The Charlotte News
Thursday, March 6, 1952
Site Ed. Note: The front page reports, via Robert B. Tuckman, that the truce talks in Korea had bogged down even further this date as Communist negotiators insisted again that the neutral inspection teams include Russia, and also include the inspection of secret equipment. The allied proposal had specified that the inspection teams would not be allowed to check "secret designs or characteristics of any combat aircraft, armored vehicles, weapons or ammunition." The Communists insisted that the allies were trying to block thorough inspections.
The prisoner exchange subcommittee met for only 12 minutes, after negotiators agreed that there was no point in retracing old arguments.
The deadlocks had become so severe that observers said they believed that only action from top-level officials could end the stalemates.
U.S. Sabre jets destroyed a Communist MIG jet this date and damaged another in a ten-minute battle, which had ranged as far south as Pyongyang. Allied pilots had good weather for bombing Communist supply positions.
In ground fighting, hit-and-run allied raiders killed 40 Communists and wounded 30 others in four firefights west of the Mundung Valley in eastern Korea. In other action, about 160 Communist troops were repulsed in a 75-minute fight near the Kumhwa-Kumsong Road, in the areas of the old Iron Triangle.
The President, in his message to Congress, stated this date that the defense program would cause cutbacks in consumer items, but that on the whole, they would fare better than during World War II. He stated that by the beginning of 1953, production should be high enough to permit total civilian consumption and capital investment at least 50 percent higher than during World War II. Automobile production would be cut only slightly less than the average production in 1948 and 1949. Should housing dip below a million units in a year, he reminded that there had been only three years in the nation's history where there had been more than a million units built.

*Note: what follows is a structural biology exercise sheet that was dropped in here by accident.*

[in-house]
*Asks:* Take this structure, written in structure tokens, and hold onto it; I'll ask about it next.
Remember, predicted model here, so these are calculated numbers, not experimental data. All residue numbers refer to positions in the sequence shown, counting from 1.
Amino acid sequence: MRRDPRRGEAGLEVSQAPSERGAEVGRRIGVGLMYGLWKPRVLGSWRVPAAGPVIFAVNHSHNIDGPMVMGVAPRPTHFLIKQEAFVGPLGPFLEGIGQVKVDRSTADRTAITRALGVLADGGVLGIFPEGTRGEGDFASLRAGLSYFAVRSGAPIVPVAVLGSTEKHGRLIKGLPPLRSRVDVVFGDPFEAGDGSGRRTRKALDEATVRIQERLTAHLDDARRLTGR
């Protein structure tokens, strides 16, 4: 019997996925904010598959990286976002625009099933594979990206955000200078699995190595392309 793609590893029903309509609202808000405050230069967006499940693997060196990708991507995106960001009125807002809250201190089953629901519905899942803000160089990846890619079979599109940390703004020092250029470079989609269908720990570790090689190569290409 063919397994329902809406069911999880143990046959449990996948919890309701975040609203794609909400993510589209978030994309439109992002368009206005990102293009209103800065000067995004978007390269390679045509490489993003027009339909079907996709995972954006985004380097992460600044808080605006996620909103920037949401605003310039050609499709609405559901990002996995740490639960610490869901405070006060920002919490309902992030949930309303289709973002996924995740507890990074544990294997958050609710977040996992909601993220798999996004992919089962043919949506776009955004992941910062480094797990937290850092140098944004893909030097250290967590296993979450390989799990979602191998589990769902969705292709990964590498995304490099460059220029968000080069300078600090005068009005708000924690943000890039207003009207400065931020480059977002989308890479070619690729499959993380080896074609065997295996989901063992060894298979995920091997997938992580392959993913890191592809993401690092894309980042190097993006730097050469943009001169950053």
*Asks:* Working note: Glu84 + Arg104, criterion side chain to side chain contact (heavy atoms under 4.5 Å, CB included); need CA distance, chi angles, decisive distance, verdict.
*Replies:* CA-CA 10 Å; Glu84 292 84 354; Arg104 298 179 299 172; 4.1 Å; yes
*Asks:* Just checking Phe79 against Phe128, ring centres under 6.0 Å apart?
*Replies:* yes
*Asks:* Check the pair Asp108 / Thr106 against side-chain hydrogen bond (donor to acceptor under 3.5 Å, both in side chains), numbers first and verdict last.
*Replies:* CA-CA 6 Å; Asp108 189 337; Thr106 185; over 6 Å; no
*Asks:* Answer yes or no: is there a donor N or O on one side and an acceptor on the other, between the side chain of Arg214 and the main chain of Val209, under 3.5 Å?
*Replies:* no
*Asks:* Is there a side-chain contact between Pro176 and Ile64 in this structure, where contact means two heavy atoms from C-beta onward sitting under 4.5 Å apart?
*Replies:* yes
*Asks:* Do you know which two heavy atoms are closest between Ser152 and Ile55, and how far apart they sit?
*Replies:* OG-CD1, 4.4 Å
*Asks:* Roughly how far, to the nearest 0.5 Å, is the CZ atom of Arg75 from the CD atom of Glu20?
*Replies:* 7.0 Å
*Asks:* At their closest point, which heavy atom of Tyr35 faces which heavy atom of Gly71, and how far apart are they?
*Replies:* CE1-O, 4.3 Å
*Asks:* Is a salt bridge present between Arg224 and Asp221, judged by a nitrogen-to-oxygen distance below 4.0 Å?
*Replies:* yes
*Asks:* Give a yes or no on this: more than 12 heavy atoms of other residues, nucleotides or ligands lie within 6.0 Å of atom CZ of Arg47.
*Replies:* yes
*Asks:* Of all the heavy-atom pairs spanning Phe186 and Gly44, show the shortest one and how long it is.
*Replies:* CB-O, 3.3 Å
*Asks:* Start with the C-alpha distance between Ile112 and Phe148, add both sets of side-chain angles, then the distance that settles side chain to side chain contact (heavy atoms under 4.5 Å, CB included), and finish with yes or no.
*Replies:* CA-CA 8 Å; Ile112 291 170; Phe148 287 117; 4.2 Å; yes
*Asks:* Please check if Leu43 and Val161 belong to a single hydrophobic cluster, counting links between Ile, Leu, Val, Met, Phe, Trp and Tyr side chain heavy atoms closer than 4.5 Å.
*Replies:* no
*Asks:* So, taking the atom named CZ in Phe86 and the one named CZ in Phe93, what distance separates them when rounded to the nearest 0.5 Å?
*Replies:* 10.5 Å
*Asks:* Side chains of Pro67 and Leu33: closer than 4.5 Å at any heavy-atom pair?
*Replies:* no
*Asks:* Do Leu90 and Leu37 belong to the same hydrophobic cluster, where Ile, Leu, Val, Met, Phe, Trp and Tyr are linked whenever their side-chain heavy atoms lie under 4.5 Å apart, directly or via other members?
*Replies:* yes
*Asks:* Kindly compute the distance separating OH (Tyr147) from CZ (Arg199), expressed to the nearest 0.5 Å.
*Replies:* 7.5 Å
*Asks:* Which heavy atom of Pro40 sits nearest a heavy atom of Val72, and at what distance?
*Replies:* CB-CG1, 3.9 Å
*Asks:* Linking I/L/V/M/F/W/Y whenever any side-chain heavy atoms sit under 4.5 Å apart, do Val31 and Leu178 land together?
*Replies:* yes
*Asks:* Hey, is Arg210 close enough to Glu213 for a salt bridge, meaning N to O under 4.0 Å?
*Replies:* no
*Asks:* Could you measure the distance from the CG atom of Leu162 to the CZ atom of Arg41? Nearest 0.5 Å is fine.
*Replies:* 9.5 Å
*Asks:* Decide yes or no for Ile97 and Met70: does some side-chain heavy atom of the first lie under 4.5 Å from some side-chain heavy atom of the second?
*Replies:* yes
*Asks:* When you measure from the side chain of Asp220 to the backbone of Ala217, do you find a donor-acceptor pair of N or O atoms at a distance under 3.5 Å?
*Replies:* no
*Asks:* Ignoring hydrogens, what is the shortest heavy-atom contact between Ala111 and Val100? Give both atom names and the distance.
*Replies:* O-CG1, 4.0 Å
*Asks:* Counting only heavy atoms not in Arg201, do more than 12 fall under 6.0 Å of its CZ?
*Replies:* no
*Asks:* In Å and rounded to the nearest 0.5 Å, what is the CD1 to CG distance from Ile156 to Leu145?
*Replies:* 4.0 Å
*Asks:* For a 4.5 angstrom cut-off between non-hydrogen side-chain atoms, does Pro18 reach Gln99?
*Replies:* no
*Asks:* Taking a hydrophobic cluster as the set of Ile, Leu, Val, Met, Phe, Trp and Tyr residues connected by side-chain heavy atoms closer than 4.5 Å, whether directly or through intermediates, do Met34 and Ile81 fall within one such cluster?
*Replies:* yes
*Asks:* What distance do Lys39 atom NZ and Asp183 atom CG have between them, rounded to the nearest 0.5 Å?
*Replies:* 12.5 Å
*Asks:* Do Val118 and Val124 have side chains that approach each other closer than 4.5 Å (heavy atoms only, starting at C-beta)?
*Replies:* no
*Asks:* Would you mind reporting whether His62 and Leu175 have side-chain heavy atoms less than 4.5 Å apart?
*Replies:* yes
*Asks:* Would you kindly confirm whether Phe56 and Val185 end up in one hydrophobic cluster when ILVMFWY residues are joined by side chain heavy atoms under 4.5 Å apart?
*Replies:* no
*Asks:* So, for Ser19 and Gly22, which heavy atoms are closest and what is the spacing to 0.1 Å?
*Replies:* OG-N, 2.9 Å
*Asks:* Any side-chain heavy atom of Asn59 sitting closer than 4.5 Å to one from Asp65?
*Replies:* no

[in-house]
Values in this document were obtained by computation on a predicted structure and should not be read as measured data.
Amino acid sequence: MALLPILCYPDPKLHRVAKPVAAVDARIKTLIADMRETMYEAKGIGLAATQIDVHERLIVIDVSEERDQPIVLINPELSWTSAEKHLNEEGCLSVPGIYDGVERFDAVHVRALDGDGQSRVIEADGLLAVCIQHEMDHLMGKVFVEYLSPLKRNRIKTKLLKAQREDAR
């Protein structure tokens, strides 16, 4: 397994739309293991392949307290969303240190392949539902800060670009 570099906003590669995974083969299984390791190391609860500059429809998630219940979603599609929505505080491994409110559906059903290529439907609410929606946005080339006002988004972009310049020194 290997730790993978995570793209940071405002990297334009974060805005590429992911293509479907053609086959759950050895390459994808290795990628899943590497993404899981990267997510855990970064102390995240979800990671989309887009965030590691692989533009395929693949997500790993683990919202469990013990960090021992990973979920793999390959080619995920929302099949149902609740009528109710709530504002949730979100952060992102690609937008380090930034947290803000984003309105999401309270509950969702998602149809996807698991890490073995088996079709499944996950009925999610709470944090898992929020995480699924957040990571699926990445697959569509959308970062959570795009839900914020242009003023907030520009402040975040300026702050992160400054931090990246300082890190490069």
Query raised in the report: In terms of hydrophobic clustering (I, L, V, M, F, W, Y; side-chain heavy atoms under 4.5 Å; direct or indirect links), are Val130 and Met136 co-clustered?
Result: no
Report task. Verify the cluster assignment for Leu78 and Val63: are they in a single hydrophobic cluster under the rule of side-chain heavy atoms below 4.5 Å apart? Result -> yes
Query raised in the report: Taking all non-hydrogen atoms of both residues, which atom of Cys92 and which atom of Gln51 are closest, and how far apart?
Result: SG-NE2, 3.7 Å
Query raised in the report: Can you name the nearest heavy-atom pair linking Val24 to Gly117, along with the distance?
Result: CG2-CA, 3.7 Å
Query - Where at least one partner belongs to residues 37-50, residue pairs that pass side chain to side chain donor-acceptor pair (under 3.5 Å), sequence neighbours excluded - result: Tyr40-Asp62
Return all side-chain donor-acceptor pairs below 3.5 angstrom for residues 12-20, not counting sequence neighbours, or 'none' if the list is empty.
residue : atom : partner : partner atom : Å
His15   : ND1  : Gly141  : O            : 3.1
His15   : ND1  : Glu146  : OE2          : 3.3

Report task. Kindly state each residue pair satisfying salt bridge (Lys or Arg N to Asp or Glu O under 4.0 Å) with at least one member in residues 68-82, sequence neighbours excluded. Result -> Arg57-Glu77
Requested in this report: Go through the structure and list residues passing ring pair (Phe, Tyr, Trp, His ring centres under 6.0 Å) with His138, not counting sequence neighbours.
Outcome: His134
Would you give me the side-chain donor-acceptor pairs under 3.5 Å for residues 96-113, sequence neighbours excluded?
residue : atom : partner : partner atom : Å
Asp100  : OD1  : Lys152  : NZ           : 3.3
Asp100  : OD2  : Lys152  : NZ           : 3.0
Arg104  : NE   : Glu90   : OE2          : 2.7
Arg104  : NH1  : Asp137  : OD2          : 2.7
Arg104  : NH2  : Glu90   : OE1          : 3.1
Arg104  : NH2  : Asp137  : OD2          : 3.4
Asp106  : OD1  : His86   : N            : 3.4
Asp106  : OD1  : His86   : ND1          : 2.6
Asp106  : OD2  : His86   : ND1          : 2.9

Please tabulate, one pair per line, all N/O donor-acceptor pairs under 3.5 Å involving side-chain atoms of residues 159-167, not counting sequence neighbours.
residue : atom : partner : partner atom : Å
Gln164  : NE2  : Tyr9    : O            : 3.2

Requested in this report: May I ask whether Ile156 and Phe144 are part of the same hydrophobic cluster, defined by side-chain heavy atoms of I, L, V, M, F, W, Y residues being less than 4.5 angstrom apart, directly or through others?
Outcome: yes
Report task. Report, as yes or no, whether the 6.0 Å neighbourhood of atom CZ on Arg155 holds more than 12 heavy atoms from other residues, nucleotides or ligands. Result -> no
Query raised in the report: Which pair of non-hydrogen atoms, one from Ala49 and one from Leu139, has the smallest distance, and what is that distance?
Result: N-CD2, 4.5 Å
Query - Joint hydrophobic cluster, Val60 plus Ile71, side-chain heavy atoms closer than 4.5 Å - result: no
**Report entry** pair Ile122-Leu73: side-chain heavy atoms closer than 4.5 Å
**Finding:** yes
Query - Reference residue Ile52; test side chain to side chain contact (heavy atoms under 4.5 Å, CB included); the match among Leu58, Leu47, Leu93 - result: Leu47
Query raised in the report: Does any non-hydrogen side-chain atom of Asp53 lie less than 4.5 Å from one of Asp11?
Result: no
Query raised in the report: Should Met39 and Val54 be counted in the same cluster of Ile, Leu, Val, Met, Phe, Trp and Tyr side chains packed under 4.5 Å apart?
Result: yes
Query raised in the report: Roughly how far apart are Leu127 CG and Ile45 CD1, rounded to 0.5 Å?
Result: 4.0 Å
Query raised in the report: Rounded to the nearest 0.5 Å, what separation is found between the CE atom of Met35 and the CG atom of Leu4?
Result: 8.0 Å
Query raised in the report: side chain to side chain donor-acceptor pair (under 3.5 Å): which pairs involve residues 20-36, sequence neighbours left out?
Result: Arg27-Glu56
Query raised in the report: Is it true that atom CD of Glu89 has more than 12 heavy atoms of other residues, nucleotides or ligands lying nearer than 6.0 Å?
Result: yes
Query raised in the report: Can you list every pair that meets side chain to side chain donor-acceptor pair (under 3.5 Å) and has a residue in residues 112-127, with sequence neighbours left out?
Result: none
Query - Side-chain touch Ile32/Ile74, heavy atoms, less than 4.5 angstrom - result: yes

He urged the Congress to pass the entire proposed 7.9 billion dollar foreign aid package, to meet the Soviet threat to the "survival of civilization". The President would deliver a message over radio and television this night regarding the aid program.
Senator Karl Mundt of South Dakota denounced "blood-soaked profits" received by a New York shipping firm which hauled cargoes to Communist China after the start of the Korean War. He said to the attorney for the firm that no laws had been violated but "faint-hearted ethics" had underlain the firm's actions. The attorney was the law partner of Newbold Morris, recently appointed by the President to clean up corruption in the executive branch. He testified that he and Mr. Morris had been lawyers for the China Trading and Industrial Development Corporation involved in the shipping, but had not been the chief counsel. He said that it was a Chinese Nationalist firm which had delivered oil to Communist China almost until the start of the Korean War, and had delivered other goods six months into the war. A non-profit charitable foundation, headed by Mr. Morris, was also involved in the transaction, as two tankers owned by the foundation carried oil to the Communists under contracts negotiated with Russian groups just prior to the start of the war. The attorney said that one of the firms involved had checked by telephone with the State Department in 1949 before accepting the oil charters and had been informed that it was not contrary to U.S. foreign policy at the time. Senator Mundt referred to this telephonic communication as "pint-sized evidence" to justify the trade with the Communists. He indicated that then-Secretary of Defense Louis Johnson had complained in a letter to the Maritime Commission in 1949 that use of the two tankers to haul oil for the Communists was "a definite threat to national security". The attorney said that he had been unaware of this fact and that the Maritime Commission had not clamped down on the trade until more than a year later.